Key Points

  • DNM2-dependent endocytosis in MKs regulates megakaryopoiesis, thrombopoiesis, and bone marrow homeostasis.

Abstract

Dynamins are highly conserved large GTPases (enzymes that hydrolyze guanosine triphosphate) involved in endocytosis and vesicle transport, and mutations in the ubiquitous and housekeeping dynamin 2 (DNM2) have been associated with thrombocytopenia in humans. To determine the role of DNM2 in thrombopoiesis, we generated Dnm2fl/flPf4-Cre mice specifically lacking DNM2 in the megakaryocyte (MK) lineage. Dnm2fl/flPf4-Cre mice had severe macrothrombocytopenia with moderately accelerated platelet clearance. Dnm2-null bone marrow MKs had altered demarcation membrane system formation in vivo due to defective endocytic pathway, and fetal liver–derived Dnm2-null MKs formed proplatelets poorly in vitro, showing that DNM2-dependent endocytosis plays a major role in MK membrane formation and thrombopoiesis. Endocytosis of the thrombopoietin receptor Mpl was impaired in Dnm2-null platelets, causing constitutive phosphorylation of the tyrosine kinase JAK2 and elevated circulating thrombopoietin levels. MK-specific DNM2 deletion severely disrupted bone marrow homeostasis, as reflected by marked expansion of hematopoietic stem and progenitor cells, MK hyperplasia, myelofibrosis, and consequent extramedullary hematopoiesis and splenomegaly. Taken together, our data demonstrate that unrestrained MK growth and proliferation results in rapid myelofibrosis and establishes a previously unrecognized role for DNM2-dependent endocytosis in megakaryopoiesis, thrombopoiesis, and bone marrow homeostasis.

Introduction

Blood platelets are produced in the bone marrow by megakaryocytes (MKs) in a process that requires the production of pseudopodial projections, termed proplatelets, that extend through the vascular sinusoids and release platelets into the bloodstream.1,2  This process requires extensive intracellular membrane rearrangements in MKs, including the formation of the demarcation membrane system (DMS), a surface-connected membrane extension that invaginates into the cell body and further develops to provide membranes necessary for platelet formation.3-5  The mechanisms responsible for these membrane rearrangements remain poorly understood.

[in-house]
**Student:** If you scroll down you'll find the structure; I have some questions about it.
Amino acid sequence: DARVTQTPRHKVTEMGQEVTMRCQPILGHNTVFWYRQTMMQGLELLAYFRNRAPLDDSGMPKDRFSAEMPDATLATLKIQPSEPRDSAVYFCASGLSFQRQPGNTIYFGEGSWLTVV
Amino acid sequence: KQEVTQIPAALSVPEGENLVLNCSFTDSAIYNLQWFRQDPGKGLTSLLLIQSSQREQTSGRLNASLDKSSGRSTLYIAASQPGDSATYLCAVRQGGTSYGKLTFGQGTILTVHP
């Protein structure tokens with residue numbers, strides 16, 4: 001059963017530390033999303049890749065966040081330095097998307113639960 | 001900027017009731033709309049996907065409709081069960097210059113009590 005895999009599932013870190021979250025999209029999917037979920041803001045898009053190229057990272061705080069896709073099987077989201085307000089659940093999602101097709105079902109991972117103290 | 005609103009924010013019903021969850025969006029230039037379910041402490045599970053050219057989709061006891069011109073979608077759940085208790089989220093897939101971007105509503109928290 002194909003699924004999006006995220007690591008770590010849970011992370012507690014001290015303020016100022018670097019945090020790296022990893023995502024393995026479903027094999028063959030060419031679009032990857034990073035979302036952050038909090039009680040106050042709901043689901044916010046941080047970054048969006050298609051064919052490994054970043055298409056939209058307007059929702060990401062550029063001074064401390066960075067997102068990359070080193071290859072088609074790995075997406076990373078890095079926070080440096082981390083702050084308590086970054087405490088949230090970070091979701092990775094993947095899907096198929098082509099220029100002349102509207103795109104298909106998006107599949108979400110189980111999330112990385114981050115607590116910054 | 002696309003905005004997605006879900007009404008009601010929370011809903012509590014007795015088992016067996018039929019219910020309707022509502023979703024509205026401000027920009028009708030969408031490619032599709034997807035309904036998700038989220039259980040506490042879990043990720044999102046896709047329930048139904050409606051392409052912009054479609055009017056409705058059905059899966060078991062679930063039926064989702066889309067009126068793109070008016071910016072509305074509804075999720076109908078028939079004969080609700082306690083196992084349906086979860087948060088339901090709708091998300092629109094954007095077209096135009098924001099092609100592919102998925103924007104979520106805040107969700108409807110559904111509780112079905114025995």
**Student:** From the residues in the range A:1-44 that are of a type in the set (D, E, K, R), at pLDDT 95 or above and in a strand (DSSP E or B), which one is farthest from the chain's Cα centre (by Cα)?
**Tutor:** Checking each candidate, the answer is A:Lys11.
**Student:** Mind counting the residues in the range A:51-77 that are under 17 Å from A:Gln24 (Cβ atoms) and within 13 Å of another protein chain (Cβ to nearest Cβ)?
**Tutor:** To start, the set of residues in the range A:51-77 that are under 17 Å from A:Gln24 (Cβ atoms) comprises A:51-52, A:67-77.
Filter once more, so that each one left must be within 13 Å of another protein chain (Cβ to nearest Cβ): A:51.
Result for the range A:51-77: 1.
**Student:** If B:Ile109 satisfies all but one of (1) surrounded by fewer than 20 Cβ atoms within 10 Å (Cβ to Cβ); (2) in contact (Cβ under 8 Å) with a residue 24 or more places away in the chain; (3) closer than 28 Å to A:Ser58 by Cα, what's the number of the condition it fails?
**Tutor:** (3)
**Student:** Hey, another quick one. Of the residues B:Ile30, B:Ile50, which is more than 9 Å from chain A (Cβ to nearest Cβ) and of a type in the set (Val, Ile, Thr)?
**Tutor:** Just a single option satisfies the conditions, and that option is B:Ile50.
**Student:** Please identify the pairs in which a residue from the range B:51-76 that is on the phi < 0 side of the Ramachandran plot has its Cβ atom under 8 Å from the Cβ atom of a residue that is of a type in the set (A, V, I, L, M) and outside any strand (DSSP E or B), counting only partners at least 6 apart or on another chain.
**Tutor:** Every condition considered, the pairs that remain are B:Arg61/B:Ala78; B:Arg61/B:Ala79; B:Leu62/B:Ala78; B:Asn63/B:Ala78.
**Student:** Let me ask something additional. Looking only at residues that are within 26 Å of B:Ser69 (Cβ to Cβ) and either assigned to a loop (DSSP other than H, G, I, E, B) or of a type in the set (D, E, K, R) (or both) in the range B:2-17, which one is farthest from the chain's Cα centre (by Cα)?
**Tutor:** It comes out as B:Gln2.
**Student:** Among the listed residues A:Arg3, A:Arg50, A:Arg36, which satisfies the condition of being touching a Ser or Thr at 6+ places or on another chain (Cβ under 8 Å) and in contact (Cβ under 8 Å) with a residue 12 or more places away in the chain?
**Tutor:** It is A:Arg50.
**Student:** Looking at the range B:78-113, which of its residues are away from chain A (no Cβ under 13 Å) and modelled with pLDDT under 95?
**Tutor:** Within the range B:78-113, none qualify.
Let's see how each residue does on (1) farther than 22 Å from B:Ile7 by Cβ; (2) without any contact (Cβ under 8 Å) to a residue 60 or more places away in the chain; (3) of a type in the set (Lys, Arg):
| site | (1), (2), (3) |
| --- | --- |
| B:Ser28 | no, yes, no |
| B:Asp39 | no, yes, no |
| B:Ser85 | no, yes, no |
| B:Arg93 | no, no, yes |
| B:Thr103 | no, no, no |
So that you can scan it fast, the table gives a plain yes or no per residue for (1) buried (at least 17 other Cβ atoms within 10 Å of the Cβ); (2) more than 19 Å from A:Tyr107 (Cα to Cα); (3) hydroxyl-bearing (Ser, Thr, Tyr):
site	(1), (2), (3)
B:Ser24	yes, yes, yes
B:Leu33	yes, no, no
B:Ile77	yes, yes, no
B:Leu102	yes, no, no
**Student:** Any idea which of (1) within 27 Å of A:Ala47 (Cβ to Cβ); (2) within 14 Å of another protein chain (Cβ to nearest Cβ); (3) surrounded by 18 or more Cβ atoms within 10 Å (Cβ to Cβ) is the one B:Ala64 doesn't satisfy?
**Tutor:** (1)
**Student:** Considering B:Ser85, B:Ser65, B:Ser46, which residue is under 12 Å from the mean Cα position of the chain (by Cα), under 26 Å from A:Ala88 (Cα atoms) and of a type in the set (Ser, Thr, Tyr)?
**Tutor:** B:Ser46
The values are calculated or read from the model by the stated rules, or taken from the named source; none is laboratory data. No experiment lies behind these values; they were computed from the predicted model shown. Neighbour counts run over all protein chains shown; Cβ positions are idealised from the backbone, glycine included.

Dynamins (DNMs) are highly conserved large GTPases involved in a wide range of cellular functions, including endocytosis and vesicle transport.6  Particularly, DNMs are involved in the GTPase-dependent fission of vesicles generated from the plasma membrane by clathrin-dependent and -independent mechanisms. The classical DNM family is composed of 3 members: DNM1, DNM2, and DNM3. The housekeeping DNM2 is ubiquitously expressed and regulates both receptor-mediated endocytosis and vesicle transport between endomembrane system compartments.7-11  DNM1 and DNM3 are mainly expressed in the brain and have specialized endocytic roles such as presynaptic vesicle recycling.12-14